Board of Directors and work group discuss black student center feasibility

Three+ASI+Board+of+Directors+representatives+from+left+to+right%3A+Yasmin+Doroteo%2C+Josh+Maffei+and+Carlos+Morales.%0APhoto+by+Rhealynn+Ravarra

Three ASI Board of Directors representatives from left to right: Yasmin Doroteo, Josh Maffei and Carlos Morales. Photo by Rhealynn Ravarra

Katlin Sweeney, Editor-in-Chief

CSUSM President Karen Haynes has responded to Black Student Union concerns raised last fall by charging a work group with developing a plan for a Black Student Center at CSUSM.

In a campus-wide email Wednesday, Dec. 2, Haynes reflected on progress on diversity, including creation of [email protected] Student Center  at CSUSM, and said that the next step for the campus is to research the feasibility of a Black Student Center. Following suggestions by Black Student Union at an Oct. 1 forum, Haynes created a work group for the task.

In a related matter, an ASI resolution of support for the center sparked a heated debate at a Feb. 19 board meeting and prompted the resignation of ASI board member Joshua Maffei afterwards.

The work group, which is chaired by Associate Vice President of Student Academic Support Services, Dr. Dang Chonwerawong, includes representatives of the African American Faculty Staff Association, Black Student Union, Office of Diversity, Educational Equity, Inclusion and Ombuds Services, Associated Students, Inc., faculty and the University Budget Office.

In a Feb. 22 interview, Chonwerawong said the work group has met twice and will meet four more times before May 1 when it expects to deliver a proposal for the center to Haynes.

“Our job is to identify the ideal amount of space we are going to need for this center,” she said. “We are going to research what kind of features this space may need like offices, meeting rooms and study rooms. From there, we will figure out if we have an existing space for these needs.”

Chonwerawong said if they have a rough draft of a plan by April, there may be a chance to hold a forum for student, faculty and staff input on this “high stakes” issue.

“Some people are concerned that every group needs a ‘safe space,’” she said. “I would ask them to think about if every group in the U.S. faces the same systematic discrimination and oppression equally … We [as people of color] do not have the same history or face the same obstacles [as the majority].

“Statistics and research show us that there are certain groups of people in the U.S. that are underrepresented and have less opportunities than others do in education,” she said.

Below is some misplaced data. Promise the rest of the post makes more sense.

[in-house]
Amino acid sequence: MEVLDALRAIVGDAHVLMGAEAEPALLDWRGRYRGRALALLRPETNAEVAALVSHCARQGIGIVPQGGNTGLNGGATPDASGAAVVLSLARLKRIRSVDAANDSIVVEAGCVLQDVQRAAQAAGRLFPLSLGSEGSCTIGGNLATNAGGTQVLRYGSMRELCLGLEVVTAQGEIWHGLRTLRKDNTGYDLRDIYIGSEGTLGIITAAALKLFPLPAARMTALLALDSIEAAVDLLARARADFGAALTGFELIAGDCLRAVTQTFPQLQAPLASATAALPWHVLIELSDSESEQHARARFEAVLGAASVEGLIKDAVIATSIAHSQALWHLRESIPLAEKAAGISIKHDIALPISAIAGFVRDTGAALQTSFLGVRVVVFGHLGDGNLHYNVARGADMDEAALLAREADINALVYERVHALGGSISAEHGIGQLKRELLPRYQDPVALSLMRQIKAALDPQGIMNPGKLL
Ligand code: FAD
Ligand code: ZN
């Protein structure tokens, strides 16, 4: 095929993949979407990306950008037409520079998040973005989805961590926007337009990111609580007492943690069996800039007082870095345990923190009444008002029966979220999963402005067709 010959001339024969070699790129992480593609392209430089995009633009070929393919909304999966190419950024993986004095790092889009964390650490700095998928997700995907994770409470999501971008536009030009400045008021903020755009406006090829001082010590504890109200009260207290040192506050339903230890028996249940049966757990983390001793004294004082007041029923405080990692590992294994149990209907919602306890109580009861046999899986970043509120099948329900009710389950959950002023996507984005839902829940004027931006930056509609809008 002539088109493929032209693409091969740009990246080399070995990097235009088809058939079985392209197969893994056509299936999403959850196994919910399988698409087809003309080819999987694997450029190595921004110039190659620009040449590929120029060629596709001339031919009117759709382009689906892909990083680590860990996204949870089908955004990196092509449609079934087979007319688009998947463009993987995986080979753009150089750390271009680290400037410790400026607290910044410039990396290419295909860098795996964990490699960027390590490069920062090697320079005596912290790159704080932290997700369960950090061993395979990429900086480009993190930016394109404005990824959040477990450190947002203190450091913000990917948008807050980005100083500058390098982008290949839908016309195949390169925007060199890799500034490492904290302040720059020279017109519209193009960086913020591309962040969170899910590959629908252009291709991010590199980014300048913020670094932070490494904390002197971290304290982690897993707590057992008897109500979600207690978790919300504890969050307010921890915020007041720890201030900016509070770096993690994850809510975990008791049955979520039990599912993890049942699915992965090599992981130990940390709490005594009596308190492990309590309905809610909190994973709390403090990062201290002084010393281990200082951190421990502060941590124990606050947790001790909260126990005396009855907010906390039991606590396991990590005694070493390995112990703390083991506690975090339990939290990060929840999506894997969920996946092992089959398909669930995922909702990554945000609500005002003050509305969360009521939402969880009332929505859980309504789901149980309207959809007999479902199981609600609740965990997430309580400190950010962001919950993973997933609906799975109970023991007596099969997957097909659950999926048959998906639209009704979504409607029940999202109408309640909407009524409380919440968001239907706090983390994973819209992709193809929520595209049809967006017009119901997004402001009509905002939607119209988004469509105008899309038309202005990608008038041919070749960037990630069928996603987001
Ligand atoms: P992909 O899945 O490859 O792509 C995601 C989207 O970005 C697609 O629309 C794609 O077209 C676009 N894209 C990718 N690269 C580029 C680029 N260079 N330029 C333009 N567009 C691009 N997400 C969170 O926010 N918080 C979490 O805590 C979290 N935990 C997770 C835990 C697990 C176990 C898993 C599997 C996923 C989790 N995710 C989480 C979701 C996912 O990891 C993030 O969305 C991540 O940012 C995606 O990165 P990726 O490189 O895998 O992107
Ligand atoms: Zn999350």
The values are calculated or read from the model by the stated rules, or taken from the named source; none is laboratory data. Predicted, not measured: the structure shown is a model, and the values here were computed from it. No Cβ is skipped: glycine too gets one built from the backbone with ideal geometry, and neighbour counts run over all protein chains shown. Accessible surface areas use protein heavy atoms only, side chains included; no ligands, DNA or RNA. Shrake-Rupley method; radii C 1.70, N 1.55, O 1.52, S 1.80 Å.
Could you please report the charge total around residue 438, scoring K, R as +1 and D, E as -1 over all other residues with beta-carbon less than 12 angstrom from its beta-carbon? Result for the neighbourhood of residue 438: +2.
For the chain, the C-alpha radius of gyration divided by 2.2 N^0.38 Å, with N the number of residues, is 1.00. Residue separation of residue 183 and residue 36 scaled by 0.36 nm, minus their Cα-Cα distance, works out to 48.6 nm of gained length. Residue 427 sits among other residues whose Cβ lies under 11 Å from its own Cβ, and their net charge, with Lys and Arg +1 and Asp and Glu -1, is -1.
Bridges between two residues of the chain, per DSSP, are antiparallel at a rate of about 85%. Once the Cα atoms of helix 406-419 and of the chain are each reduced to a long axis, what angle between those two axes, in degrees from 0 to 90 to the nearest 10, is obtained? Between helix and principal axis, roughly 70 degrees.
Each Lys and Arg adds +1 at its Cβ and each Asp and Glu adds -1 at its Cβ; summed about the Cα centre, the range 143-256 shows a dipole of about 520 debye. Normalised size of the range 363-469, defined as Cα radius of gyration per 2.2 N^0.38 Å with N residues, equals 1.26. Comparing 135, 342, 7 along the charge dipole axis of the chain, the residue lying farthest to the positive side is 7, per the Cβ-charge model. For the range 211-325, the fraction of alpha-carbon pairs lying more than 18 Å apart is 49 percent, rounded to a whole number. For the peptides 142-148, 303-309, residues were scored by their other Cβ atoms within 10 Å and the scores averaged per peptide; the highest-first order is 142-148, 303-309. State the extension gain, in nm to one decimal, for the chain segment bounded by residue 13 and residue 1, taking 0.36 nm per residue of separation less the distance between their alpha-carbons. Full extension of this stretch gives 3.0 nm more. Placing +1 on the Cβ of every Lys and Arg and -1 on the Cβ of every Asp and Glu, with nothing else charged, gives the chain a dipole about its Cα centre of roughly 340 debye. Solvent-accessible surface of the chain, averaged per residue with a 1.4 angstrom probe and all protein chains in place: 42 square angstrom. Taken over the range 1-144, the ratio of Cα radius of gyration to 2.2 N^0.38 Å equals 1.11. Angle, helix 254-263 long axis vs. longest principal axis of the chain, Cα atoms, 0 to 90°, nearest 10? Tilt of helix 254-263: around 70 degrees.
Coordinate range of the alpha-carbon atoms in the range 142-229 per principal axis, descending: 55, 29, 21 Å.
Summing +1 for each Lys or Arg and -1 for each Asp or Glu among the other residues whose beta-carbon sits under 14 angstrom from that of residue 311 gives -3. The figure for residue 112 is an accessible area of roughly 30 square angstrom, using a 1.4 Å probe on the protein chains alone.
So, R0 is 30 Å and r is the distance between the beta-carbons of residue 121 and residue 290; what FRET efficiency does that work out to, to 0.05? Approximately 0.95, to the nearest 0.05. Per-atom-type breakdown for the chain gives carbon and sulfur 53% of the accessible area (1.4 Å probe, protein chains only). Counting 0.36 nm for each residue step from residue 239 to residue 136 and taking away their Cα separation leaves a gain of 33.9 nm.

Chonwerawong, who is Thai, said that she sees the Black Student Center as a place where students can feel brave enough to challenge the status quo and talk about inequality. This vision is similar to that of students, faculty and staff at the Feb. 19 ASI Board of Directors meeting on Friday, Feb. 19. where a resolution of support for the center passed 11-1.

Some of the more than 40 attendees at the meeting spoke in support for the resolution, including Ariel Stevenson, Administrative Coordinator for the Office of Diversity and Karen GuzmXn, student advocate for CFA and Feminists Unite.

Black Student Union member Brandy Williams said, “ASI speaks for the students and the people,” she said. “They need to recognize this need for a center. [The resolution] should be pushed through.”

The debate over the resolution largely concerned the wording of the first clause, which read: “The United States built its great wealth and power by the settler society’s forced extraction of land, resources and labor from the two most underrepresented groups; American Indians and enslaved Africans.”

In both the Feb. 12 Student Advocacy Meeting and Feb. 19 Board of Directors meeting, ASI leaders debated whether or not this first clause should be moved down in the body of the resolution or removed altogether.

The President of the African American Faculty Staff Association Dr. Geoffrey Gilmore said that the clause should be kept.

“On behalf of our organization, we support the resolution, including the first clause, in its entirety,” he said.

ASI College of Business Representative Joshua Maffei voted against the resolution.

“We cannot pass a resolution that supports any center based on race,” he said at the Feb. 19 meeting. “In the first clause … it is not a myth that we enslaved Africans to work in the United States, but it is a myth that slavery helped make America wealthy and powerful and great.”

Black Student Union President Daniesha Thornton, who was in the audience, replied saying that she wanted Maffei removed from his position due to his comments on slavery.

“I am an African American woman and my ancestors were slaves who built this nation,” she said. “… My people died, were mutilated and raped and then you say it was for nothing.”
Near the end of the meeting, Maffei addressed his fellow board members and resigned.

Students, faculty and staff suggestions are encouraged to be sent to Dr. Chonwerawong at [email protected].

The Cougar Chronicle The independent student news site of California